`persp3d.function.Rd`

Plot a function `z(x, y)`

or a parametric function
`(x(s, t), y(s, t), z(s, t))`

.

```
# S3 method for function
persp3d(x,
xlim = c(0, 1), ylim = c(0, 1),
slim = NULL, tlim = NULL,
n = 101,
xvals = seq.int(min(xlim), max(xlim), length.out = n[1]),
yvals = seq.int(min(ylim), max(ylim), length.out = n[2]),
svals = seq.int(min(slim), max(slim), length.out = n[1]),
tvals = seq.int(min(tlim), max(tlim), length.out = n[2]),
xlab, ylab, zlab,
col = "gray", otherargs = list(),
normal = NULL, texcoords = NULL, ...)
# S3 method for function
plot3d(x, ...)
```

- x
A function of two arguments. See the details below.

- xlim, ylim
By default, the range of x and y values. For a parametric surface, if these are not missing, they are used as limits on the displayed x and y values.

- slim, tlim
If not

`NULL`

, these give the range of s and t in the parametric specification of the surface. If only one is given, the other defaults to`c(0, 1)`

.- n
A one or two element vector giving the number of steps in the x and y (or s and t) grid.

- xvals, yvals
The values at which to evaluate x and y. Ignored for a parametric surface. If used,

`xlim`

and/or`ylim`

are ignored.- svals, tvals
The values at which to evaluate s and t for a parametric surface. Only used if

`slim`

or`tlim`

is not`NULL`

. As with`xvals`

and`yvals`

, these override the corresponding`slim`

or`tlim`

specification.- xlab, ylab, zlab
The axis labels. See the details below for the defaults.

- col
The color to use for the plot. See the details below.

- otherargs
Additional arguments to pass to the function.

- normal, texcoords
Functions to set surface normals or texture coordinates. See the details below.

- ...
Additional arguments to pass to

`persp3d`

.

The `"function"`

method for `plot3d`

simply passes
all arguments to `persp3d`

. Thus this description applies
to both.

The first argument `x`

is required to be a function. It
is named `x`

only because of the requirements of the S3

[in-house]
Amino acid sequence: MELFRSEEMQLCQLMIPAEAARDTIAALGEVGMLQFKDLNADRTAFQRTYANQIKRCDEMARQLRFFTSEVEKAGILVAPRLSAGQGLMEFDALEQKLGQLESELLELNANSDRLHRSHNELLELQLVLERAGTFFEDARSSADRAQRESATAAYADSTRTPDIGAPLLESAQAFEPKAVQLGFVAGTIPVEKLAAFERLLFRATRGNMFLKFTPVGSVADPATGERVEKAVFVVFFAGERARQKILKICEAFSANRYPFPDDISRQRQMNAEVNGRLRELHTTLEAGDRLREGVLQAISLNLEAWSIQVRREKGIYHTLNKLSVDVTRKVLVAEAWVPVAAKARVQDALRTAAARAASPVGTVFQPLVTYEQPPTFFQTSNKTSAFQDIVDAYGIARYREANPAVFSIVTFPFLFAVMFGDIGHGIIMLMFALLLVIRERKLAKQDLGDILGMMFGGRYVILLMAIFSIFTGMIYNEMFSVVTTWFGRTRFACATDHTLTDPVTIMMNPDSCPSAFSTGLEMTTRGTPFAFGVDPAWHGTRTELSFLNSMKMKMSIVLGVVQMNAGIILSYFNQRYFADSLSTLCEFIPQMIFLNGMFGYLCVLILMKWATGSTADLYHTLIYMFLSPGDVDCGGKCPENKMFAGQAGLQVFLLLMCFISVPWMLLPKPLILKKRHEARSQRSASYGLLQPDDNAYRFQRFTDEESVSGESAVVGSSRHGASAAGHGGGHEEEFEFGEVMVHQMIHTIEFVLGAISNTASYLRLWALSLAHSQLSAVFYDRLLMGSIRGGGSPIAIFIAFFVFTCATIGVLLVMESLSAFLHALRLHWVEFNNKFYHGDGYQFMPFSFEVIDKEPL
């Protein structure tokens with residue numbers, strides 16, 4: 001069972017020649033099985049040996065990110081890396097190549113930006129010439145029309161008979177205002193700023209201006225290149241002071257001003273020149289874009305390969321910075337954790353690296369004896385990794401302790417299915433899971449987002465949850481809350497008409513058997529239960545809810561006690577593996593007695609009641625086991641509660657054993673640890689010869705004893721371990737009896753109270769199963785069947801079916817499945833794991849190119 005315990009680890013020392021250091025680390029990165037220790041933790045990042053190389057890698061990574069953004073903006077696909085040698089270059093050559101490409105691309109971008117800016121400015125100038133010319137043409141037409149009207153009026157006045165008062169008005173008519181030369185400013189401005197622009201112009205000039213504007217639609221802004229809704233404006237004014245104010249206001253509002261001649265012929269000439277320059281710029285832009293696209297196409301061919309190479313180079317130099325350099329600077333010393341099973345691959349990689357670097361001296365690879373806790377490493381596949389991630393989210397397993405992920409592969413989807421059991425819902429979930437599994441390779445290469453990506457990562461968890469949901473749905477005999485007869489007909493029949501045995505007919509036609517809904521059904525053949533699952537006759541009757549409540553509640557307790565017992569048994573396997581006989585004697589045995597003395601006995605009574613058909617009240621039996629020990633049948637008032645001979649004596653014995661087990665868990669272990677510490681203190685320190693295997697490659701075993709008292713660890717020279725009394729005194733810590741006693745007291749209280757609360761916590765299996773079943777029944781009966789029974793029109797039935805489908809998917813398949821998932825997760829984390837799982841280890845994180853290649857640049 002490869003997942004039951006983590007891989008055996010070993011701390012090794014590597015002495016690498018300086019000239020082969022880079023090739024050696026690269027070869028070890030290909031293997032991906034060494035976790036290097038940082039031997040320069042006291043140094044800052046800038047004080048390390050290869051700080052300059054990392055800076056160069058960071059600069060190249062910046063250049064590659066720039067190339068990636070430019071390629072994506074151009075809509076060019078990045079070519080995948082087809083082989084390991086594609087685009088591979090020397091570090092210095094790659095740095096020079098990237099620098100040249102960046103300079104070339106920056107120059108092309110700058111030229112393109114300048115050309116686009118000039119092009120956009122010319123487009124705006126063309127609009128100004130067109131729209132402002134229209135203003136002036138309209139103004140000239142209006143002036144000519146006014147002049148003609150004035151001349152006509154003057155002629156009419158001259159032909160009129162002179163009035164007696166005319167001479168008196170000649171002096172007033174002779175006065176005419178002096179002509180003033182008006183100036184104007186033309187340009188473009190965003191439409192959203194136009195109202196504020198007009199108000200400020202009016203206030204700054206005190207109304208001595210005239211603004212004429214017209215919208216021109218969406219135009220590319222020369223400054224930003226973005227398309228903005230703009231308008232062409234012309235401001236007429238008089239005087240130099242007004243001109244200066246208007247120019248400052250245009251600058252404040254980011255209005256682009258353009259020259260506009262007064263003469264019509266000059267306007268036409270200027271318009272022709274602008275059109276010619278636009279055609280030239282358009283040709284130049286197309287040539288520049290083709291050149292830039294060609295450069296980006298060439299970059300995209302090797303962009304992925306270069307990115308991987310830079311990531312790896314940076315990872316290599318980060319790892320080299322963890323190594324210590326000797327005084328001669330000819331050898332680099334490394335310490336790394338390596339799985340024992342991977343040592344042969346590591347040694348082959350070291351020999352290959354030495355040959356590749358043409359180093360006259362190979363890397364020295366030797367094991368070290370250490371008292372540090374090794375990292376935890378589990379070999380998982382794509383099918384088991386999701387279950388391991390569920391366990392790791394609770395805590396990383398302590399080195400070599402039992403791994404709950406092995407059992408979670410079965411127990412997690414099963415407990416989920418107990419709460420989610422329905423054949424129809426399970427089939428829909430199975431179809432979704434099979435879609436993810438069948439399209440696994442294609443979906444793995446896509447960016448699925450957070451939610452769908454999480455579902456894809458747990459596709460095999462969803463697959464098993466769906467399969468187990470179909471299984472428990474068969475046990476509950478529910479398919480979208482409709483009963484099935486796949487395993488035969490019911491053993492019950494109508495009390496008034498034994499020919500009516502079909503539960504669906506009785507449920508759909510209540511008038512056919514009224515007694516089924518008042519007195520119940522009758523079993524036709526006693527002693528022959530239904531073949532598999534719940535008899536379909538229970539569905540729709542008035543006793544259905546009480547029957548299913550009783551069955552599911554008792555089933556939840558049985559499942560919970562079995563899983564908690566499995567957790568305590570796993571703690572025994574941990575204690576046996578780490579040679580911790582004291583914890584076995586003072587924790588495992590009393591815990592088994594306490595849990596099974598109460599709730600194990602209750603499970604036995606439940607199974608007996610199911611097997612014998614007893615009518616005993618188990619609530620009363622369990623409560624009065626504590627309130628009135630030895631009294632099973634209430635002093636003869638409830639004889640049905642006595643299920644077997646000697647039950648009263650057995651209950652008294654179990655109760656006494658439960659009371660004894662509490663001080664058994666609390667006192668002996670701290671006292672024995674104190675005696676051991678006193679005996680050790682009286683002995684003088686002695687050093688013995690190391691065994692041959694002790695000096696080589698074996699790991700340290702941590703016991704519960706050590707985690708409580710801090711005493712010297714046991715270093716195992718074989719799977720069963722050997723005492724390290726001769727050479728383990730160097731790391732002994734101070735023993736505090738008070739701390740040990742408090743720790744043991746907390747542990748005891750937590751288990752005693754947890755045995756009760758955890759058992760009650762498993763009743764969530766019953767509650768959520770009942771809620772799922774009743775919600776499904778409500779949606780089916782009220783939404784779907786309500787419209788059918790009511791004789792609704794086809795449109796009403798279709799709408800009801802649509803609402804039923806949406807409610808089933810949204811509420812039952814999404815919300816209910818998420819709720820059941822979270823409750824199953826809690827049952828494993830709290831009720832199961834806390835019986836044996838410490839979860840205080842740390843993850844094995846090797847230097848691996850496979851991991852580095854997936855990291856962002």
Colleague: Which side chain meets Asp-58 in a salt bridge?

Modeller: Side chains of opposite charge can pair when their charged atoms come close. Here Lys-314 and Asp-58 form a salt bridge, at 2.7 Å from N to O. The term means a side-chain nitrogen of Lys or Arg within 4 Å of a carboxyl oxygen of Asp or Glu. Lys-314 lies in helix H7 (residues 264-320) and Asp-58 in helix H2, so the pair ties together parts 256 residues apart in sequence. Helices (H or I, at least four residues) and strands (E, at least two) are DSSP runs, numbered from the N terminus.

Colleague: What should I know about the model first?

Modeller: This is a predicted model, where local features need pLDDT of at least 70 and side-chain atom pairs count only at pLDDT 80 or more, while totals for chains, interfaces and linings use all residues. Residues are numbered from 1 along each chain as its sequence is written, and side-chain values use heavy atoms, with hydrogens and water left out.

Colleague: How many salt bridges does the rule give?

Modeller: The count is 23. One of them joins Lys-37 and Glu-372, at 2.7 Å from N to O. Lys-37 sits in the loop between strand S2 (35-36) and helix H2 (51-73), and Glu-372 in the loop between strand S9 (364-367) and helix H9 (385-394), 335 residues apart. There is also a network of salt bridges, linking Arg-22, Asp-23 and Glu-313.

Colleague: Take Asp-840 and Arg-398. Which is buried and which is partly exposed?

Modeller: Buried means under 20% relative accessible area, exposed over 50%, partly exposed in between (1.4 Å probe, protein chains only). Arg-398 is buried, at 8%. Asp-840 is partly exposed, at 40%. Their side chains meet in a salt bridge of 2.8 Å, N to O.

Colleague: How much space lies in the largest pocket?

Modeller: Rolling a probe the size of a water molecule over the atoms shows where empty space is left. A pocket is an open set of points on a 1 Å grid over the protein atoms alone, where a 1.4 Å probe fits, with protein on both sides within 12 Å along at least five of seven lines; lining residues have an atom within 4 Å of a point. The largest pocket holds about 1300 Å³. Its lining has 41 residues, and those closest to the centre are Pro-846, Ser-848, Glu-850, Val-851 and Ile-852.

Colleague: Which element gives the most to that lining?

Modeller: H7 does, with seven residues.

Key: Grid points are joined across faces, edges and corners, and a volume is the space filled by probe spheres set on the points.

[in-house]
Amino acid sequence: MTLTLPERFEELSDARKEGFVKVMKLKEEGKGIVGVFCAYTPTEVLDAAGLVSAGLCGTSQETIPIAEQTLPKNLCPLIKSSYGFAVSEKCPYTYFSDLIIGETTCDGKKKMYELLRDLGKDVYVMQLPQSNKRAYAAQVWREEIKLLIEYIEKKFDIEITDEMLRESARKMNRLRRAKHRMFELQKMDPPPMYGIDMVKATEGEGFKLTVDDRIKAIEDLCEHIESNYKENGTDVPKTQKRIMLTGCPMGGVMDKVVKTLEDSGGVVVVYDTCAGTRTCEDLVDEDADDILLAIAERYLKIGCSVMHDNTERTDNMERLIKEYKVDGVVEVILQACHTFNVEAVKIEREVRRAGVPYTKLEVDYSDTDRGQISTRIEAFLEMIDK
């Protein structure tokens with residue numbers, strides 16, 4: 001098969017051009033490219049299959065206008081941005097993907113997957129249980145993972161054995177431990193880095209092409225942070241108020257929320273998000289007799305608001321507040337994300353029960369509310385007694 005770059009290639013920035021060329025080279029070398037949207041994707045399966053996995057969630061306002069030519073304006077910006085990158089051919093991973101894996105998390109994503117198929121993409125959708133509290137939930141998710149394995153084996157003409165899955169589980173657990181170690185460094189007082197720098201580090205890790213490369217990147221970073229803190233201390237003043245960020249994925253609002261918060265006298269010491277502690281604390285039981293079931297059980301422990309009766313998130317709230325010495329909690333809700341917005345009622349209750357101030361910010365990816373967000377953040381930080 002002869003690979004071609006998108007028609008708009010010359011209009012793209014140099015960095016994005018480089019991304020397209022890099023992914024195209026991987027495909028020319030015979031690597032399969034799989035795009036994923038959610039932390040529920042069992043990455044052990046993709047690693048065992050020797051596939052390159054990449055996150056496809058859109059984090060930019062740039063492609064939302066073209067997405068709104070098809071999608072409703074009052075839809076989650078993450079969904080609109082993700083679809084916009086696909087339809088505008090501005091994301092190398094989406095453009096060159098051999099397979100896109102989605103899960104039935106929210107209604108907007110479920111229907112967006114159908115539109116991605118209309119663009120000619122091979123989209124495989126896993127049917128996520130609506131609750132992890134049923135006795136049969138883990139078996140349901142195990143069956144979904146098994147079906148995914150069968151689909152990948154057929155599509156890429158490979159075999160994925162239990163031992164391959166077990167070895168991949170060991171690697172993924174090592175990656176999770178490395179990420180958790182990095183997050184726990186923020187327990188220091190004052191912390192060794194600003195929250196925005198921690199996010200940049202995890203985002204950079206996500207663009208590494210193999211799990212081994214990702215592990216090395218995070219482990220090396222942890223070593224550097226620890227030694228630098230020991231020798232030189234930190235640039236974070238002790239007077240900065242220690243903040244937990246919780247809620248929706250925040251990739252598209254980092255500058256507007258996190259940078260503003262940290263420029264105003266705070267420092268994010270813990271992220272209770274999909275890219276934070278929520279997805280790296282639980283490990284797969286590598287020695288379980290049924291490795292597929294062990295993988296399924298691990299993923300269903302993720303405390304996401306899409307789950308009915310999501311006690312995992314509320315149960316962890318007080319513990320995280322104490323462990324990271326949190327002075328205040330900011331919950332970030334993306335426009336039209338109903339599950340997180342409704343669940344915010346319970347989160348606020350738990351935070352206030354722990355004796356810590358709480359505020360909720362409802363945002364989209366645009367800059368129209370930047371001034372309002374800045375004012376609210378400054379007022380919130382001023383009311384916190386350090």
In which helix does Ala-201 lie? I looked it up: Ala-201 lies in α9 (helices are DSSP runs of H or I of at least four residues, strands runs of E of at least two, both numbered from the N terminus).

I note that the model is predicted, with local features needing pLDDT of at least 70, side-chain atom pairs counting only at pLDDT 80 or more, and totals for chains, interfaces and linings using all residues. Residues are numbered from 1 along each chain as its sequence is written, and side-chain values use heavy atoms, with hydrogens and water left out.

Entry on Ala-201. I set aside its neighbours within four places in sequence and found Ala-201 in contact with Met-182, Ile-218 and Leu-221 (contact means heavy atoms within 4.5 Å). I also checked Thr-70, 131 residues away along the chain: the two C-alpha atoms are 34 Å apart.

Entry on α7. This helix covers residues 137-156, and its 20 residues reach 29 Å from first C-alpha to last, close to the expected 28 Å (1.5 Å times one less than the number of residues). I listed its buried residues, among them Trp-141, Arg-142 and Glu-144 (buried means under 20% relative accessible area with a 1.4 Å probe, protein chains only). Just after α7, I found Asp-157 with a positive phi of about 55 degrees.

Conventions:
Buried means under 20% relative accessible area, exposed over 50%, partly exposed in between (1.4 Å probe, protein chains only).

system; in the remainder of this help page, we will assume
that the assignment `f <- x`

has been made, and will
refer to the function `f()`

.

`persp3d.function`

evaluates `f()`

on a two-dimensional
grid of values, and displays the resulting surface. The values
on the grid will be passed in as vectors in the
first two arguments to the function, so `f()`

needs
to be vectorized. Other optional arguments to `f()`

can be specified in the `otherargs`

list.

In the default form where `slim`

and `tlim`

are both
`NULL`

, it is assumed that `f(x, y)`

returns heights,
which will be plotted in the z coordinate. The default axis labels
will be taken from the argument names to `f()`

and the
expression passed as argument `x`

to this function.

If `slim`

or `tlim`

is specified, a parametric
surface is plotted. The function
`f(s, t)`

must return a 3-column matrix, giving x, y and z
coordinates of points on the surface. The default axis
labels will be the column names if those are present.
In this case `xlim`

, `ylim`

and `zlim`

are used to define a clipping region only if specified;
the defaults are ignored.

The color of the surface may be specified as the name of a color, or a vector or matrix of color names. In this case the colors will be recycled across the points on the grid of values.

Alternatively, a function may be given: it should be a function
like `rainbow`

that takes an integer argument and
returns a vector of colors. In this case the colors are mapped
to z values.

The `normal`

argument allows specification of a function
to compute normal vectors to the surface. This function is
passed the same arguments as `f()`

(including `otherargs`

if present), and should produce a 3-column matrix containing the
x, y and z coordinates of the normals.

The `texcoords`

argument is a function similar to `normal`

, but
it produces a 2-column matrix containing texture coordinates.

Both `normal`

and `texcoords`

may also contain matrices,
with 3 and 2 columns respectively, and rows corresponding to the
points that were passed to `f()`

.

The `curve`

function in base graphics does
something similar for functions of one variable. See the
example below for space curves.

```
# (1) The Obligatory Mathematical surface.
# Rotated sinc function, with colors
f <- function(x, y) {
r <- sqrt(x^2 + y^2)
ifelse(r == 0, 10, 10 * sin(r)/r)
}
open3d()
plot3d(f, col = colorRampPalette(c("blue", "white", "red")),
xlab = "X", ylab = "Y", zlab = "Sinc( r )",
xlim = c(-10, 10), ylim = c(-10, 10),
aspect = c(1, 1, 0.5))
```3D plot

# (2) A cylindrical plot
f <- function(s, t) {
r <- 1 + exp( -pmin( (s - t)^2,
(s - t - 1)^2,
(s - t + 1)^2 )/0.01 )
cbind(r*cos(t*2*pi), r*sin(t*2*pi), s)
}
open3d()
plot3d(f, slim = c(0, 1), tlim = c(0, 1), col = "red", alpha = 0.8)
# Add a curve to the plot, fixing s at 0.5.
plot3d(f(0.5, seq.int(0, 1, length.out = 100)), type = "l", add = TRUE,
lwd = 3, depth_test = "lequal")
3D plot